Search the Site

Hypotheses for an Impact Study on a For-Profit Microlender

Through Innovations for Poverty Action, I am co-Principal Investigator on a randomized trial of the impact of Compartamos, a for-profit microlender in Mexico. Compartamos was the first microcredit organization to go public, and at IPO time had a market capitalization of US$1.5 billion.  Needless to say, that created a lot of buzz.  Several years later, we will soon be finishing a randomized trial to measure the impact on communities in the Nogales area in northern Mexico. We will be posting our hypothesis before we do the analysis, and encourage readers to do the same, for three reasons:

  1. Avoid data mining: Pre-specifying hypotheses is a helpful way of addressing a data mining concern when multiple outcomes are measured. By pre-specifying primary and secondary outcomes, it is transparent whether 5 out of 10 hypotheses came true or 5 out of 100. With proper statistics, 5 out of 10 is not a fluke, but 5 out of 100 is exactly what one would call a fluke and is a kin to finding no changes at all.  So pre-specifying is helpful: when it comes time for publication, people reading the research know that any significant results found were not simply as a result of mining the data for the magic significant relationships. Development economists have been slow to do integrate this step into our research; folks have pointed this out in several posts around the web (see here and here, for example). A registry system is indeed underway, and we’re quite supportive of this.
  2. Comparing results to prior opinions: The goal of research is to produce knowledge. But we aren’t in a vacuum beforehand, and we of course have our opinions. Suppose we are measuring where something is on a scale of -10 to 10. We have a prior opinion that it is 7. We lack evidence on that, so we are uncertain, but we still have an opinion that it is 7. If the result comes out and is 7, of course the study should not change our opinion. If on the other hand the result comes out and is 4, or 0, or -3, we ought to update our opinion at least a bit, perhaps not all the way. In this spirit, we are also welcoming the posting of predictions, preferably signed, so that if you are right you can show the world “I told you so” and if not, well then maybe it’ll encourage you to shift your opinion a bit. If this works, maybe we’ll start a website called (although that URL is taken by someone not using it).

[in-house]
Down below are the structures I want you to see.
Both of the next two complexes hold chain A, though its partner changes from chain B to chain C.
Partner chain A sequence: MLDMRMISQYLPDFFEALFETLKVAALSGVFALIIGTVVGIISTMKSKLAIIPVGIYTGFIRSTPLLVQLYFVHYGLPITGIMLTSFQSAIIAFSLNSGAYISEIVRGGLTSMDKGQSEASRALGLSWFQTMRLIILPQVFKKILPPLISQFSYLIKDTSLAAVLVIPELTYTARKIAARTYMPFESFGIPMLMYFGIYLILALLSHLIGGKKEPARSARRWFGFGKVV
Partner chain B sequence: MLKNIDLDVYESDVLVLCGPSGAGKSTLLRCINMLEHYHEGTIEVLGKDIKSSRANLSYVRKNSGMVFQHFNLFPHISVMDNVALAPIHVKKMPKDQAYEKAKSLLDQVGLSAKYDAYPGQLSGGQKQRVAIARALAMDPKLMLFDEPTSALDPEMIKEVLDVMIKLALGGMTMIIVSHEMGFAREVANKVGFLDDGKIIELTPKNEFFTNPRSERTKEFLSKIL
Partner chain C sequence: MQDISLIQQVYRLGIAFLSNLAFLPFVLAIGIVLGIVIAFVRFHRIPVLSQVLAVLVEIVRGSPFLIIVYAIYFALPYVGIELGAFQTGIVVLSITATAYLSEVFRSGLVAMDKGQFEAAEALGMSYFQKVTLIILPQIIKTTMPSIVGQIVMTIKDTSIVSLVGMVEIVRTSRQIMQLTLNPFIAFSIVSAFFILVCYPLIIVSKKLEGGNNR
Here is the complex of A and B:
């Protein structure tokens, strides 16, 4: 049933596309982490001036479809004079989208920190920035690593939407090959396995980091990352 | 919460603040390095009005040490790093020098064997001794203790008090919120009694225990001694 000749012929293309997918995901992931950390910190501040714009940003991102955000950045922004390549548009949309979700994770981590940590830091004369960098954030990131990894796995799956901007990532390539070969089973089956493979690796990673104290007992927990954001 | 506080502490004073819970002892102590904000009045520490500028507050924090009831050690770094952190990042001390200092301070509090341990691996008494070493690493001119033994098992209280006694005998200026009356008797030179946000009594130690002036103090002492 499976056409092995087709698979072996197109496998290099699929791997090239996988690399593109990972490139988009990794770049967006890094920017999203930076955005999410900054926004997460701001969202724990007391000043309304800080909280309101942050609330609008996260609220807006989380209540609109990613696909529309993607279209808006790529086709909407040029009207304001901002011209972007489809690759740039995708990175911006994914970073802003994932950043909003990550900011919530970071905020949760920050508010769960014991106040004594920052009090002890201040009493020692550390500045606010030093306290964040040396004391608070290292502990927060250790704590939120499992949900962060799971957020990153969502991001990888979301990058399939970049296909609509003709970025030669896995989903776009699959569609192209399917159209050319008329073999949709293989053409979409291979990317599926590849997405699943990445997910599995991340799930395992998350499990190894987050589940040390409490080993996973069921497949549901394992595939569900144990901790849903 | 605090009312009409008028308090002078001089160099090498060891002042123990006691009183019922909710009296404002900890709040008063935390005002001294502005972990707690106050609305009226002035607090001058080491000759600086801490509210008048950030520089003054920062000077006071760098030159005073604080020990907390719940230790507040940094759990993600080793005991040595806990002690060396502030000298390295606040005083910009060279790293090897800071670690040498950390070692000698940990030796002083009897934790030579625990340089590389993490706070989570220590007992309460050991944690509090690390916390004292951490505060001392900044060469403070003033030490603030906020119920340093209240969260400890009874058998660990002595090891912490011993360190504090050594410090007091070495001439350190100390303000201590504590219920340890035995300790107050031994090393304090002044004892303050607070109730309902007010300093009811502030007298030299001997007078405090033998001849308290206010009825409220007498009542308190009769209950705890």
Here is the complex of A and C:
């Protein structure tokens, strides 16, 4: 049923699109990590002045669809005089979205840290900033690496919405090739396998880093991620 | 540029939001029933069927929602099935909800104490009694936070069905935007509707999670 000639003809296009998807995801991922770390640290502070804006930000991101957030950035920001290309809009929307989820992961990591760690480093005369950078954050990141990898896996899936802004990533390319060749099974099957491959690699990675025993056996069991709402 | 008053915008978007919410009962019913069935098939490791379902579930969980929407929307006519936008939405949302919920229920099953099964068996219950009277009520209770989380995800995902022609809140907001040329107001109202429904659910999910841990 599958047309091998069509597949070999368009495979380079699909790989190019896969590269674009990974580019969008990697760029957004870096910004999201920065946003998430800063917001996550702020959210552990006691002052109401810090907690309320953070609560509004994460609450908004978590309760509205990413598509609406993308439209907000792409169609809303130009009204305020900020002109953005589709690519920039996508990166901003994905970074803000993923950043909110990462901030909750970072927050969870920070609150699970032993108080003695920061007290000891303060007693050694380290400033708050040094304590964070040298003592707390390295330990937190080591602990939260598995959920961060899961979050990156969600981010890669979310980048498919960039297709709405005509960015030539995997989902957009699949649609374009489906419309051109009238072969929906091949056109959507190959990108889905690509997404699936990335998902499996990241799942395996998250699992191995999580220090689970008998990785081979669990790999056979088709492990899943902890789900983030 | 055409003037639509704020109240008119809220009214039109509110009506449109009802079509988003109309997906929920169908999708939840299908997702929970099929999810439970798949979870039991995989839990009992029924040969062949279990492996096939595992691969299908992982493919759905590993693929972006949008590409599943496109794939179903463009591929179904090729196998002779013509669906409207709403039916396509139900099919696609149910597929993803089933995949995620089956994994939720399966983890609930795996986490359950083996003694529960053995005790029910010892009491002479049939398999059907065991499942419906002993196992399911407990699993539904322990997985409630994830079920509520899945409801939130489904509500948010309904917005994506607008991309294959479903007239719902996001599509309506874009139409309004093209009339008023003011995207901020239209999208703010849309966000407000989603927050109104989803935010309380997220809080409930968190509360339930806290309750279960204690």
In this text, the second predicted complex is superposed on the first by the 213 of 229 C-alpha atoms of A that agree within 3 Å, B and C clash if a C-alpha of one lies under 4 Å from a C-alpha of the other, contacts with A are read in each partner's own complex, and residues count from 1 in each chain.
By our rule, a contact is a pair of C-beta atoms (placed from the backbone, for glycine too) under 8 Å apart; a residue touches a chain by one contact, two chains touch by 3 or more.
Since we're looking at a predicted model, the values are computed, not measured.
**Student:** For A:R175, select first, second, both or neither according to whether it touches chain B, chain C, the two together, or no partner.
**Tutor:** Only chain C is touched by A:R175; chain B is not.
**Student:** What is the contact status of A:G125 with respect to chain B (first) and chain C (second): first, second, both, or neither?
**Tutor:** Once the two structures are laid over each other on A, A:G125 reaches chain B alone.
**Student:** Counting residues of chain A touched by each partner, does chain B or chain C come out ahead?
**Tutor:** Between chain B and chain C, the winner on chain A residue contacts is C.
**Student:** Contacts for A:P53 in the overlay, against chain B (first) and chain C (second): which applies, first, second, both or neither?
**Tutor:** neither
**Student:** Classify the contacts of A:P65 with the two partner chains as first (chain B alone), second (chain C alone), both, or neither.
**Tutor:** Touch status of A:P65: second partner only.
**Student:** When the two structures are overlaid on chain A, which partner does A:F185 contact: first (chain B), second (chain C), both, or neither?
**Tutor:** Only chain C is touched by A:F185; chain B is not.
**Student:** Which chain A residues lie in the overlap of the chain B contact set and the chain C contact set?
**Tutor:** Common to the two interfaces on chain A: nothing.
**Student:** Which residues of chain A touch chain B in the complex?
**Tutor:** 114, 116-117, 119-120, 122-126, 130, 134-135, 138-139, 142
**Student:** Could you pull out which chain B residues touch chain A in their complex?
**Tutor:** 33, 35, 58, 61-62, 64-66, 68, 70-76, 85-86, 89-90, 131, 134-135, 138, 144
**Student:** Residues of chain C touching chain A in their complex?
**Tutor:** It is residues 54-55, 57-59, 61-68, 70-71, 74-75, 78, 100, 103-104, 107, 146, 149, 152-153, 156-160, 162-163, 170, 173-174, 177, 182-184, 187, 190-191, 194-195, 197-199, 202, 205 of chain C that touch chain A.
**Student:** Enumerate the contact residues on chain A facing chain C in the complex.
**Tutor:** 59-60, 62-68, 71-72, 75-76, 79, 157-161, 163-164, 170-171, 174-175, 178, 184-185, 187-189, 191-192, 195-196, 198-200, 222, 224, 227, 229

3. Crowdsourcing:  We’d like to hear from people their thoughts on which of the outcome measures they think will be particularly important. A simple way of engaging with the microcredit community ex-ante, rather than ex-post, with a hope of creating a better dialogue than one typically sees on studies after the results are posted. Plus we’re interested to hear thoughts from people, that may shape our analysis (although pre-specifying the hypotheses we’ll post of course!).

You can look forward to more blog posts with our hypotheses on different subjects, coming out in the next few weeks.

The Study